Title

Analysis of Depositional Processes After the Columbia River Basalt Flows, Early Ellensburg Formation, Bettas Road, Ellensburg WA

Document Type

Oral Presentation

Location

SURC Ballroom B/C/D

Start Date

21-5-2015

End Date

21-5-2015

Keywords

Columbia River Basalt, Ellensburg Formation, Environmental Evolution

Abstract

The Columbia River Basalt (CRB) flows ~15 million years ago flattened the topography of central Washington and altered the environments of existing river systems. The goal of our project is to understand how the local fluvial system responded to the CRB flows and eventually evolved into the environment we live in today by analyzing the laterally extensive outcrop at Bettas Road, which is an excellent example of sediment deposition immediately after a flood basalt event. Via hand sample and thin section analysis as well as published CRB flow maps, we confirmed that the base layer of the outcrop was of the Grande Ronde CRB flow, which indicates that the sediments deposited directly atop the basalt are the earliest of the Ellensburg Formation. We hypothesized that the first sediments deposited after the basalt would be fine-grained due to the unchannelized nature of the flattened topography, and that volcanic debris flows would dominantly be fine-grained and hyper-concentrated. We further predicted that, as rivers developed channels, the grain size would become larger and the volcanic debris flows would be dominantly coarser-grained lahars. To test these hypotheses, we mapped the 930 meter long outcrop, identified sedimentary facies, and performed grain-size analyses using a point-count method as well as sieves and a Mastersizer. Our results indicate that the grain size of both the fluvial and volcanic sediments generally coarsened upwards, as the fluvial system was not able to transport coarse-grained sediment immediately after the CRB flows but gradually evolved to transport larger material via mature channels.

Poster Number

7

Faculty Mentor(s)

Breanyn MacInnes

Department/Program

Geological Sciences

Additional Mentoring Department

Geological Sciences

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May 21st, 8:30 AM May 21st, 11:00 AM

Analysis of Depositional Processes After the Columbia River Basalt Flows, Early Ellensburg Formation, Bettas Road, Ellensburg WA

SURC Ballroom B/C/D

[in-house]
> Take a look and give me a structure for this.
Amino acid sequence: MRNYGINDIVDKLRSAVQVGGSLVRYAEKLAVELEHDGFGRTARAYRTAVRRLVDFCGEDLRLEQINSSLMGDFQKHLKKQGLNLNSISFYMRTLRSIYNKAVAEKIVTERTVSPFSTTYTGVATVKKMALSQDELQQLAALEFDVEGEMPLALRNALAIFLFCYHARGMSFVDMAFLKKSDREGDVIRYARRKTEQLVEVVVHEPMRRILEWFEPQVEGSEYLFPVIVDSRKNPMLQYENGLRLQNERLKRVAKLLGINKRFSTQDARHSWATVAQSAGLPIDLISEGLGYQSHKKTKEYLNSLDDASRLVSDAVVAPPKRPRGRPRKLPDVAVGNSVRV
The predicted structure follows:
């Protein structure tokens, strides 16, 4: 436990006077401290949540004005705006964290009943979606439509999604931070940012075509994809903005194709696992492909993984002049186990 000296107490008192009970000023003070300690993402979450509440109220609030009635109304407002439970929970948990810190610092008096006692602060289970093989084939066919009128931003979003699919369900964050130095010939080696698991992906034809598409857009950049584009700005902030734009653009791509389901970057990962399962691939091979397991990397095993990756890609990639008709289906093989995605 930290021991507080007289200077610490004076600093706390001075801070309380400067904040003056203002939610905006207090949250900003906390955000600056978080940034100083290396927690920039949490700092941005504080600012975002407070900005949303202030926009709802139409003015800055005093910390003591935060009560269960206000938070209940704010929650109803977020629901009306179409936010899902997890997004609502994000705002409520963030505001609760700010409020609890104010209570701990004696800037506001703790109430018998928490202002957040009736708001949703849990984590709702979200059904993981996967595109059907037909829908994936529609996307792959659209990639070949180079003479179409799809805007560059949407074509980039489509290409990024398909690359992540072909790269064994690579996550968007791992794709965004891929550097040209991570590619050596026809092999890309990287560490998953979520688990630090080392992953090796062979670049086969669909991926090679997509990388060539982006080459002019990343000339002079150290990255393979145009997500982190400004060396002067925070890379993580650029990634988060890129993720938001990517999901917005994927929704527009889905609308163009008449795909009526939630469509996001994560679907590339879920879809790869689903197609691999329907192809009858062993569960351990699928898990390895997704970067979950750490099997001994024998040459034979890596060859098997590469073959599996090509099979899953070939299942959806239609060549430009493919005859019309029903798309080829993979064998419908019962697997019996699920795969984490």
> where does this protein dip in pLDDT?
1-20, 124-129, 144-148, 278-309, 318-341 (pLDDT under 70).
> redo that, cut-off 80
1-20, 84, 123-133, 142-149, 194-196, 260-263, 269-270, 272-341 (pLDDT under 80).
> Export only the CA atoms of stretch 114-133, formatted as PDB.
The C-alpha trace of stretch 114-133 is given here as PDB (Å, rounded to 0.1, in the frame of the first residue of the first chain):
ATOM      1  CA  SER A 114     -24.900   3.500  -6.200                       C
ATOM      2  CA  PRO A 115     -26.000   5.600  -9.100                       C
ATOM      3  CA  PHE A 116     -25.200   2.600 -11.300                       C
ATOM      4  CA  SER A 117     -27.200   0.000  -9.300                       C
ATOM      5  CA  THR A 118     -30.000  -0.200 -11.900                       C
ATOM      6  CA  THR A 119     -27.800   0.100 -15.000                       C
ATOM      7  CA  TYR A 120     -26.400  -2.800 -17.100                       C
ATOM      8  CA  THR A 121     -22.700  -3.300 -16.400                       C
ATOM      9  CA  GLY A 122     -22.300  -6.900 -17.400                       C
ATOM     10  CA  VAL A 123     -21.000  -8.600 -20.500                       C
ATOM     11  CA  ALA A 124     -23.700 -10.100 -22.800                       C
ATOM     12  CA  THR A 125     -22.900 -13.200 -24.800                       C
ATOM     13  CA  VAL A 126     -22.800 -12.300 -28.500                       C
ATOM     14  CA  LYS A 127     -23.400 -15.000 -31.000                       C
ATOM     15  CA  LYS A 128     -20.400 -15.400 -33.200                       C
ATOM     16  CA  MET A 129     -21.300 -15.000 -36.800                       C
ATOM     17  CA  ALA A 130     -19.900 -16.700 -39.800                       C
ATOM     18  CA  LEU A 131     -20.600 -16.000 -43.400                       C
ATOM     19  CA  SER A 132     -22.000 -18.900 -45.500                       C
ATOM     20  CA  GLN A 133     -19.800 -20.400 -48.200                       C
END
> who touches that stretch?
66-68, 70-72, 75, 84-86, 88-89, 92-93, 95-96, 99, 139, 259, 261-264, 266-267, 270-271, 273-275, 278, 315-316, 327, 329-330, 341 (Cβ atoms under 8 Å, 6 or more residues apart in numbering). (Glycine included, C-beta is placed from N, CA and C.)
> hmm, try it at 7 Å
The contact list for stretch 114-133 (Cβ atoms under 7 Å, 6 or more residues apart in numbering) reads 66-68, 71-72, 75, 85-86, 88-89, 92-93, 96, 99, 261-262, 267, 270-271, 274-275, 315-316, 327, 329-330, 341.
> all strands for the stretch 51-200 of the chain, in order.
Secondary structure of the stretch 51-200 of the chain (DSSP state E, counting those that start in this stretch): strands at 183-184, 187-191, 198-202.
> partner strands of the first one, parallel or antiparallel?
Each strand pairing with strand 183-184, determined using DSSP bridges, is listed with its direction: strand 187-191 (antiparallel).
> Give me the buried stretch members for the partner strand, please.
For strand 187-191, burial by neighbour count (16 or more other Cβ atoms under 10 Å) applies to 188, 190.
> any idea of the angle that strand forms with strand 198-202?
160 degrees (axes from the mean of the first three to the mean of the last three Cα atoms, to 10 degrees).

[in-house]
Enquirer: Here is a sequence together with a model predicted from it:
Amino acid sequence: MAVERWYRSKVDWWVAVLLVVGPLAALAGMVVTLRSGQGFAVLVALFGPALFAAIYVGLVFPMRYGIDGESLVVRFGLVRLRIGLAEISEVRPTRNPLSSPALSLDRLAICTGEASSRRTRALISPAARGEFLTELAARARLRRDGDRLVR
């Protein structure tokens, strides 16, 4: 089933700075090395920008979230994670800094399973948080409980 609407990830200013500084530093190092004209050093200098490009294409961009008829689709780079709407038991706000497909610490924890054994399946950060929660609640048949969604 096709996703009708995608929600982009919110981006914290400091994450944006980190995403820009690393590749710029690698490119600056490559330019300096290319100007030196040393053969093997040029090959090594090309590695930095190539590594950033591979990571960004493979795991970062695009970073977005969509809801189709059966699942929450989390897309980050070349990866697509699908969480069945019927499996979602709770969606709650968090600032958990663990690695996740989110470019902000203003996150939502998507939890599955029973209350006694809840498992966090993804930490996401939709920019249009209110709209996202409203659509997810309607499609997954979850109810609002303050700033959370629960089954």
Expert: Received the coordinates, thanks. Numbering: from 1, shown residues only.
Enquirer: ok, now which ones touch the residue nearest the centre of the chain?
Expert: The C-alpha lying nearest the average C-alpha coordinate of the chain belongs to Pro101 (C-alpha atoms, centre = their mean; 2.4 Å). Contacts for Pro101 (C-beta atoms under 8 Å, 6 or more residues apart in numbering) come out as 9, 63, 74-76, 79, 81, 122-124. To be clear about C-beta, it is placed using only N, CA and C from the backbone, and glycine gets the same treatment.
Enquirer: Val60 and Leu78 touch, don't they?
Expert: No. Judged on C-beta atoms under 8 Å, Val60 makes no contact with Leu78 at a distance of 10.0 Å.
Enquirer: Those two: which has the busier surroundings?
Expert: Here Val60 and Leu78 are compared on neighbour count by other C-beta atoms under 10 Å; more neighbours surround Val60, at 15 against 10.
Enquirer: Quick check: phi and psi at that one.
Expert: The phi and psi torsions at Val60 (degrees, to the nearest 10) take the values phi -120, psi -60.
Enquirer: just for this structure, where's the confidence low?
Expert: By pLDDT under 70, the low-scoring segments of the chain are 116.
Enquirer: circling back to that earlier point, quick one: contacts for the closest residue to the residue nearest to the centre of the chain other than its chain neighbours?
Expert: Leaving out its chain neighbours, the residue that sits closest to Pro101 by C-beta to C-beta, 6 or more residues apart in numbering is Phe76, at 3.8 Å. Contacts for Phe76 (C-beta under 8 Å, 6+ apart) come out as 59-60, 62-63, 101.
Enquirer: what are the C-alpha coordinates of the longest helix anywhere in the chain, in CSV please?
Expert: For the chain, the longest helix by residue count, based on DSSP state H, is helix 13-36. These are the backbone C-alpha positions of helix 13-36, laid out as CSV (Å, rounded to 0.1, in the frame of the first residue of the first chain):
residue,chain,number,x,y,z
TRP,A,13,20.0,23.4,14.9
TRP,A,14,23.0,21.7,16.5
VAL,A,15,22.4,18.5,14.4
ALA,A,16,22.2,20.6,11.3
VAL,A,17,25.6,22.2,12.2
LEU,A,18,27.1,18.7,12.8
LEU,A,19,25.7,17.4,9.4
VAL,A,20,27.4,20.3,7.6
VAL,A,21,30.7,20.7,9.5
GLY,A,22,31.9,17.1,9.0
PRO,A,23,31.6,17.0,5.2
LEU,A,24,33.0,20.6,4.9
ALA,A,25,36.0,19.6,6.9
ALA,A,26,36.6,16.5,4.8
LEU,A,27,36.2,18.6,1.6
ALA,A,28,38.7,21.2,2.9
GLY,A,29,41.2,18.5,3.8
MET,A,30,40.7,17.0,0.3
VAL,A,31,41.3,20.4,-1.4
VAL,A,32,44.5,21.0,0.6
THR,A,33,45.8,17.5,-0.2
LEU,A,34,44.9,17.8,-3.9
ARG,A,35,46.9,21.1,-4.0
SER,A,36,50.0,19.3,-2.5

The Columbia River Basalt (CRB) flows ~15 million years ago flattened the topography of central Washington and altered the environments of existing river systems. The goal of our project is to understand how the local fluvial system responded to the CRB flows and eventually evolved into the environment we live in today by analyzing the laterally extensive outcrop at Bettas Road, which is an excellent example of sediment deposition immediately after a flood basalt event. Via hand sample and thin section analysis as well as published CRB flow maps, we confirmed that the base layer of the outcrop was of the Grande Ronde CRB flow, which indicates that the sediments deposited directly atop the basalt are the earliest of the Ellensburg Formation. We hypothesized that the first sediments deposited after the basalt would be fine-grained due to the unchannelized nature of the flattened topography, and that volcanic debris flows would dominantly be fine-grained and hyper-concentrated. We further predicted that, as rivers developed channels, the grain size would become larger and the volcanic debris flows would be dominantly coarser-grained lahars. To test these hypotheses, we mapped the 930 meter long outcrop, identified sedimentary facies, and performed grain-size analyses using a point-count method as well as sieves and a Mastersizer. Our results indicate that the grain size of both the fluvial and volcanic sediments generally coarsened upwards, as the fluvial system was not able to transport coarse-grained sediment immediately after the CRB flows but gradually evolved to transport larger material via mature channels.